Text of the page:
During this same period we refuse to make sacrifices in order to arm ourselves, we try to continue “business as usual,” we grumble at high taxes, our workmen in defense industries strike for higher wages and more privileges, our rearmament efforts are muddled and in- efficient, the morale of our Army is at low ebb, and the Army itself is saved from dissolution by one vote in Congress.

We can’t have it both ways. We can’t follow the road to war and expect to arrive at peace. In these pages we have constantly advocated a policy of peace and non- involvement in the present war, but if the American people are going to be led to war, then let us have done with wishful thinking and prepare adequately for the hell that lies ahead.

Dectamunec on the advantages of life in these demo- cratic United States, the author of “Topics of the Times” in the New York Times summed up some of the privileges of the ordinary American citizen. The ordi- nary American has more comfort, more good times, more of an opportunity to be himself and to do what he likes to do than any other average man on earth. Here in the United States, with seven per cent of the world’s population, is about half

The Good Things of Life

MMENT

Octobe

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October. 1941

of the world’s wealth. Here are seventy per cent of the world’s automobiles, and an American’s chance of driv- ing one of them is one in four as compared with the average Italian’s chance of one in ninety-three.

Here in the United States are more privately owned homes per family, more life insurance policies, more savings accounts, more medical care, more children in college than anywhere else in the universe. Here the average gainfully employed person works, in normal times, but forty hours a week, and his hourly wage buys seven times as much food as the Russian wage before the war, and two and one-half times as much as the British or French.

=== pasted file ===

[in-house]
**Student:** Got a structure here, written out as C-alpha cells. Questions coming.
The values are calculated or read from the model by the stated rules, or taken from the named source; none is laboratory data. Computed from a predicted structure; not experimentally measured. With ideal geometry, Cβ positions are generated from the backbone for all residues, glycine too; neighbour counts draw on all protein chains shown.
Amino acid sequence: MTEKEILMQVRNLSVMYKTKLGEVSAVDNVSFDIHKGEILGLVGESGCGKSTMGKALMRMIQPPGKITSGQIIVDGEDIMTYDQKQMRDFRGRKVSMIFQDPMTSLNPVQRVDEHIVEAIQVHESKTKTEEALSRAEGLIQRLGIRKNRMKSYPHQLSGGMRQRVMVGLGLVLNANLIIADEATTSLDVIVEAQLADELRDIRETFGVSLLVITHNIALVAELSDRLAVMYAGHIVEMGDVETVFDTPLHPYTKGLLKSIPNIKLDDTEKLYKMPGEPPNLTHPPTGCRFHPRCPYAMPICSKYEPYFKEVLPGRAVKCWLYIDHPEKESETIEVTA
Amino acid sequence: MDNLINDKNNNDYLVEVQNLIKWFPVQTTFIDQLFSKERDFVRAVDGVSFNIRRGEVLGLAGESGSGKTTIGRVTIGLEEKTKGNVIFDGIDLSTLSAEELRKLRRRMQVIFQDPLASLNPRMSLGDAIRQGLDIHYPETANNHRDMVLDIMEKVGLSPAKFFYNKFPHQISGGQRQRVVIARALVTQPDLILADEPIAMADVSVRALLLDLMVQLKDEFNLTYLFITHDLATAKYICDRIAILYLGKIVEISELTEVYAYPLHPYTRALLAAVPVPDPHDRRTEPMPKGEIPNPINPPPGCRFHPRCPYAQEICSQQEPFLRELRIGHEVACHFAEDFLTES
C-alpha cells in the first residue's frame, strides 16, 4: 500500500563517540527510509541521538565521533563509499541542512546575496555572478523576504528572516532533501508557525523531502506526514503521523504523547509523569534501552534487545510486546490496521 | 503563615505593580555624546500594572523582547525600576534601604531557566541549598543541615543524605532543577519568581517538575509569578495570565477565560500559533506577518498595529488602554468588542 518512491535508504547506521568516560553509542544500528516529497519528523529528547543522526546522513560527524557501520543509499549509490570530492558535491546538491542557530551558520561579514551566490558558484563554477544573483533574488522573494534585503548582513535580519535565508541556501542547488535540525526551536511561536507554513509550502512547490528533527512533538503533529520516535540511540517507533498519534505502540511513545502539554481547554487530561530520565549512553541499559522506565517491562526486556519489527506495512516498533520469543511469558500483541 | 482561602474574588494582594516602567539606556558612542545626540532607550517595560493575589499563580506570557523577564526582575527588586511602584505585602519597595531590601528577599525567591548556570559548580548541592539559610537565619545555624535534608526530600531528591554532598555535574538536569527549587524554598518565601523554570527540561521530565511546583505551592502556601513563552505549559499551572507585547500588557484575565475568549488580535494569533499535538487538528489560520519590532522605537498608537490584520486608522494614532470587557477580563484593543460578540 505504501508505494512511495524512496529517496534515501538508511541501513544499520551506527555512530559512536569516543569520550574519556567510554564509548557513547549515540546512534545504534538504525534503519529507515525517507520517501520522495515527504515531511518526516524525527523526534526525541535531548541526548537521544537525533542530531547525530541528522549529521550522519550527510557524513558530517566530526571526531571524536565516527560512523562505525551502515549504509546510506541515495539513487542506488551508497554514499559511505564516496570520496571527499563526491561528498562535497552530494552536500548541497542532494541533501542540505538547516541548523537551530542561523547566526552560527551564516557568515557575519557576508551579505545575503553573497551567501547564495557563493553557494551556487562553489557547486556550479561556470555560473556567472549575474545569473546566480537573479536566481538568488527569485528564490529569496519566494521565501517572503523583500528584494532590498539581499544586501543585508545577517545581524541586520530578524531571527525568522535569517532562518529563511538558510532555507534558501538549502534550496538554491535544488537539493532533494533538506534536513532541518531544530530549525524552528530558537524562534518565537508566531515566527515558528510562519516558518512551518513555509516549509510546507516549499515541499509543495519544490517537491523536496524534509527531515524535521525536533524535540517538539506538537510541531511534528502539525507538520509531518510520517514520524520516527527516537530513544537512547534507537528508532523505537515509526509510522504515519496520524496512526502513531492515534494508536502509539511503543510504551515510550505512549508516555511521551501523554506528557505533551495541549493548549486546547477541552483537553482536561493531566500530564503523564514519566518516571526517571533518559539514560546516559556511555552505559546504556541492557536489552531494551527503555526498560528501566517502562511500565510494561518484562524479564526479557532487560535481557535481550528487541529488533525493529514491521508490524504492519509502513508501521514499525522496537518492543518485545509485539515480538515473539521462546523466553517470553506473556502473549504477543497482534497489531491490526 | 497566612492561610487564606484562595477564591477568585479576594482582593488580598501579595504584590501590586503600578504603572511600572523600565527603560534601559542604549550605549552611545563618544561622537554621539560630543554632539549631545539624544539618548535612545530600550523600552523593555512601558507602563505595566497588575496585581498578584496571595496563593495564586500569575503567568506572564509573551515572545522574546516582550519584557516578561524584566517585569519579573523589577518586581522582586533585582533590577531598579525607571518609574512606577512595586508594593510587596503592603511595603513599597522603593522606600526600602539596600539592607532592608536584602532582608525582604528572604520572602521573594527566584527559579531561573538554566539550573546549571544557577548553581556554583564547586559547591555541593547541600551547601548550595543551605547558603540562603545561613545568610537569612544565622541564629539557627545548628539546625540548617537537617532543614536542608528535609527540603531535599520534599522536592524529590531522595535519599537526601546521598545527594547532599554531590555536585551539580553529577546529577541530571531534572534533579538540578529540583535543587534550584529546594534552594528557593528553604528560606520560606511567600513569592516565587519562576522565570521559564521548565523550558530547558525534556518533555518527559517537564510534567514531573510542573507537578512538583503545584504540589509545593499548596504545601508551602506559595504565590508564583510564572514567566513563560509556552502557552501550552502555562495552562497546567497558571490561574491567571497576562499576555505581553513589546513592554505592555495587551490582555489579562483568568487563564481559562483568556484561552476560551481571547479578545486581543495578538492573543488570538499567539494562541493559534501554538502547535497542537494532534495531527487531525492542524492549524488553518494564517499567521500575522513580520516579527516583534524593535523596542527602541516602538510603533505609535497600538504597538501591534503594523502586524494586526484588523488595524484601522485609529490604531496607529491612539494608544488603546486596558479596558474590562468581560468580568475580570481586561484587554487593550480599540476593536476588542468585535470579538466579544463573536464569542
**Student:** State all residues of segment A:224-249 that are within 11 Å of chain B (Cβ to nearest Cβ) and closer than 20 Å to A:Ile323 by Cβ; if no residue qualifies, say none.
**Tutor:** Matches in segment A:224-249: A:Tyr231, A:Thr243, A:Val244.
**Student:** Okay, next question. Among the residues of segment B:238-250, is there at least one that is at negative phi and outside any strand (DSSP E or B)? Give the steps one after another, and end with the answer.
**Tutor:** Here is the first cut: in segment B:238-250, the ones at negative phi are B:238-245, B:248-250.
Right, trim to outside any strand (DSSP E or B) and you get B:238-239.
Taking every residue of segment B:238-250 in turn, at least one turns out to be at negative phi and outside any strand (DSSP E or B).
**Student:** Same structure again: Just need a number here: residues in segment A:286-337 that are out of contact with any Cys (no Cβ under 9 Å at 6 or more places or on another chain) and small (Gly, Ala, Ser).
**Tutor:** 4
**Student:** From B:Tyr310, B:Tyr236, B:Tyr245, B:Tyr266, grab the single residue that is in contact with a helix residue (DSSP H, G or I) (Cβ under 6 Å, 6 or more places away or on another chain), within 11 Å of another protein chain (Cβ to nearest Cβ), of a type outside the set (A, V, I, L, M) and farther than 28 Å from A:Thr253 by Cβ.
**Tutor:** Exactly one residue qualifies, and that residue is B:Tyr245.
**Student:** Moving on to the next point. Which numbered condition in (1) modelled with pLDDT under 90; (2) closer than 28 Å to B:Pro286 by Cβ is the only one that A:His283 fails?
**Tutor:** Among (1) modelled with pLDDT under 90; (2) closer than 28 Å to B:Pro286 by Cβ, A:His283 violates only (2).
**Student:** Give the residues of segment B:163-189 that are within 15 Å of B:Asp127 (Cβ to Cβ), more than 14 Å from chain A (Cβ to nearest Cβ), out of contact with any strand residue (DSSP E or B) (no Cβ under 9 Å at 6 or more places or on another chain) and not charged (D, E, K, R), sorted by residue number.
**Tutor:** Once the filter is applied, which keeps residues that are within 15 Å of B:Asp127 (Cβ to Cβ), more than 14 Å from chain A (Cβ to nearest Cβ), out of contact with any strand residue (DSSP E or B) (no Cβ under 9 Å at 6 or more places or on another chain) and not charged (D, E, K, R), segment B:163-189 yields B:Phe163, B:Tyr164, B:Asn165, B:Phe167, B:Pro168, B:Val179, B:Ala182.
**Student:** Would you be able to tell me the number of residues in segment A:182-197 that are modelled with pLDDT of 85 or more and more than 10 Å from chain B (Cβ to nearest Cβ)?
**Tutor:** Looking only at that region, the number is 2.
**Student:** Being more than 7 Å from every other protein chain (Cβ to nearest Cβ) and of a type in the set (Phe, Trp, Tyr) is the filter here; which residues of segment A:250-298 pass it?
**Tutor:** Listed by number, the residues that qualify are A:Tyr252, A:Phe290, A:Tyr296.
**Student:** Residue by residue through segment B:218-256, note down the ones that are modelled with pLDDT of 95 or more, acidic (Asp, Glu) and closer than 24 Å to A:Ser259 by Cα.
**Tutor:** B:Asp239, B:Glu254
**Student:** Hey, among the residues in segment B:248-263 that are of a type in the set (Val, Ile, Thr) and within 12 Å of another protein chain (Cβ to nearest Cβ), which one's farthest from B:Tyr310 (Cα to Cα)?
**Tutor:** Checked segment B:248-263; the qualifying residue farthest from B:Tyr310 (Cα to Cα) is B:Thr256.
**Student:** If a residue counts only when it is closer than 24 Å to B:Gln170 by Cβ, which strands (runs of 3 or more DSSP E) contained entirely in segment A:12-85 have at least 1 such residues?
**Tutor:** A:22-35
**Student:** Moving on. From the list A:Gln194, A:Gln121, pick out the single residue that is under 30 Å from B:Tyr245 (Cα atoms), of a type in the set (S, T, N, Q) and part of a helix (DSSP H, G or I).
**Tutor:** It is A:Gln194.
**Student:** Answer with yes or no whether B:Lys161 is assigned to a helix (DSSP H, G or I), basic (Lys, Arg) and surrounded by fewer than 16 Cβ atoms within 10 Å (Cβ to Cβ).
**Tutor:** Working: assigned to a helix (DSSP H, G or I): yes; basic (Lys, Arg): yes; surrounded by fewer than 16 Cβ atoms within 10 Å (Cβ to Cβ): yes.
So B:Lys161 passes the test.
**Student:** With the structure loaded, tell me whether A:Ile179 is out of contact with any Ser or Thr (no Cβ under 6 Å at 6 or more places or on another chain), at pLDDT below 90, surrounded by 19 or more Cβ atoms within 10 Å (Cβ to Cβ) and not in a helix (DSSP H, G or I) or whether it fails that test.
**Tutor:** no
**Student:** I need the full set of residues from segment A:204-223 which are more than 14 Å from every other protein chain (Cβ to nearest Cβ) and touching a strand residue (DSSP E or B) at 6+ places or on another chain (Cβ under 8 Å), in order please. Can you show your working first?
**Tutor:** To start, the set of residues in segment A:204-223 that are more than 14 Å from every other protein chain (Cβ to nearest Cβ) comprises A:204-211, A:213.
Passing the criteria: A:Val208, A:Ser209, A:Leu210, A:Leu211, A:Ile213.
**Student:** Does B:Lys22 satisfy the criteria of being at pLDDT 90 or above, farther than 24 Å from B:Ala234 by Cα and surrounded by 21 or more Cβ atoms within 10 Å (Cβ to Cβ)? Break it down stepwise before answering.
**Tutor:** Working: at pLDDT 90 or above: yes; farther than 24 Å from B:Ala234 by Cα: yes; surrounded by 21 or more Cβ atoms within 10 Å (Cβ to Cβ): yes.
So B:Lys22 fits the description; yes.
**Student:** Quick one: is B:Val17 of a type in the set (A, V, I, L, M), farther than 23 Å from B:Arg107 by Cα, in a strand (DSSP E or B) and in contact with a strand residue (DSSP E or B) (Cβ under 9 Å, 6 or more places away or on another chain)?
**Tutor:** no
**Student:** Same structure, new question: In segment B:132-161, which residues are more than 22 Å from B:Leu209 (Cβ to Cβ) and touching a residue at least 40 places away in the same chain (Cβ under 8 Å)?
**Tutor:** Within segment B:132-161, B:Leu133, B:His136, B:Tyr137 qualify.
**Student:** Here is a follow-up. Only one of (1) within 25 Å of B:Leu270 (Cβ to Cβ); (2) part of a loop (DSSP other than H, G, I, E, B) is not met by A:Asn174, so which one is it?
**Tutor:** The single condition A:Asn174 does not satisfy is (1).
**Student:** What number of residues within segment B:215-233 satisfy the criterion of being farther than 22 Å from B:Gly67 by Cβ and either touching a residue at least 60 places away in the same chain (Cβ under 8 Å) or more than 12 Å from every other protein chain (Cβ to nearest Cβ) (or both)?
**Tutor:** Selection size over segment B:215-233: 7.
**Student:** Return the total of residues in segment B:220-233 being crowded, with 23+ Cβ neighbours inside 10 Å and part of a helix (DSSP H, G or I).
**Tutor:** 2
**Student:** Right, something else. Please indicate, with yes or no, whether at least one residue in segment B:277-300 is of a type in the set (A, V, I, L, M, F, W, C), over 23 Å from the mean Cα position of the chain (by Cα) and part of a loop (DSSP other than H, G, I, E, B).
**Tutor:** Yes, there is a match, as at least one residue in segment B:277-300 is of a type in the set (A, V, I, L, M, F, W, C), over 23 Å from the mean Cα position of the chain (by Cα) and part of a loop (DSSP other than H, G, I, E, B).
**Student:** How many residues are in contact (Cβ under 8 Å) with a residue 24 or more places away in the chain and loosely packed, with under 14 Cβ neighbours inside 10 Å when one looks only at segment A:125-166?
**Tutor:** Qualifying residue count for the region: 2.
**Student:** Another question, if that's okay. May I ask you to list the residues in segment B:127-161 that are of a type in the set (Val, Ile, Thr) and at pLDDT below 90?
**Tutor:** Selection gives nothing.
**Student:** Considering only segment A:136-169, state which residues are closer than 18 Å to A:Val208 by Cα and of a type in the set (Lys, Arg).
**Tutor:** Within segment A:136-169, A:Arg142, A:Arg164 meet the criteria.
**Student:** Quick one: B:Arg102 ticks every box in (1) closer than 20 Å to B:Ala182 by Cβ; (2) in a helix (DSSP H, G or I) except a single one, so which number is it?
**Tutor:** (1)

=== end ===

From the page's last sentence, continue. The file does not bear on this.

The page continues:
Surely this is a beautiful picture of life at its material best. We Americans have much for which to be thank- ful. We need to be reminded of these benefits occasion- ally lest we lose our appreciation of them.

Wuen recalling the benefits of life in these United States and declaiming on the glories of democracy, we should not forget that there is another side to the pic- ture. Many of our democratic ideals have never been real- ized. There is still a vast amount of misery and pov- erty and suffering here in America. Hitler can tell his people with a certain amount of truth that the democracies have not provided equality of opportunity for youth, that they have failed to establish elevated standards of social responsibility for the underprivileged, and that the freedom which they talk about so much has often been freedom for the rich and powerful to oppress the poor and weak.

In the matter of so simple and essential a thing as food, it has been found that approximately twenty mil- lion Americans spend about one dollar a week for food —about five cents a meal. Last year 250,000 babies. were born in the United States without medical care. Almost half of our people are living below what can be con- sidered a minimum level of subsistence.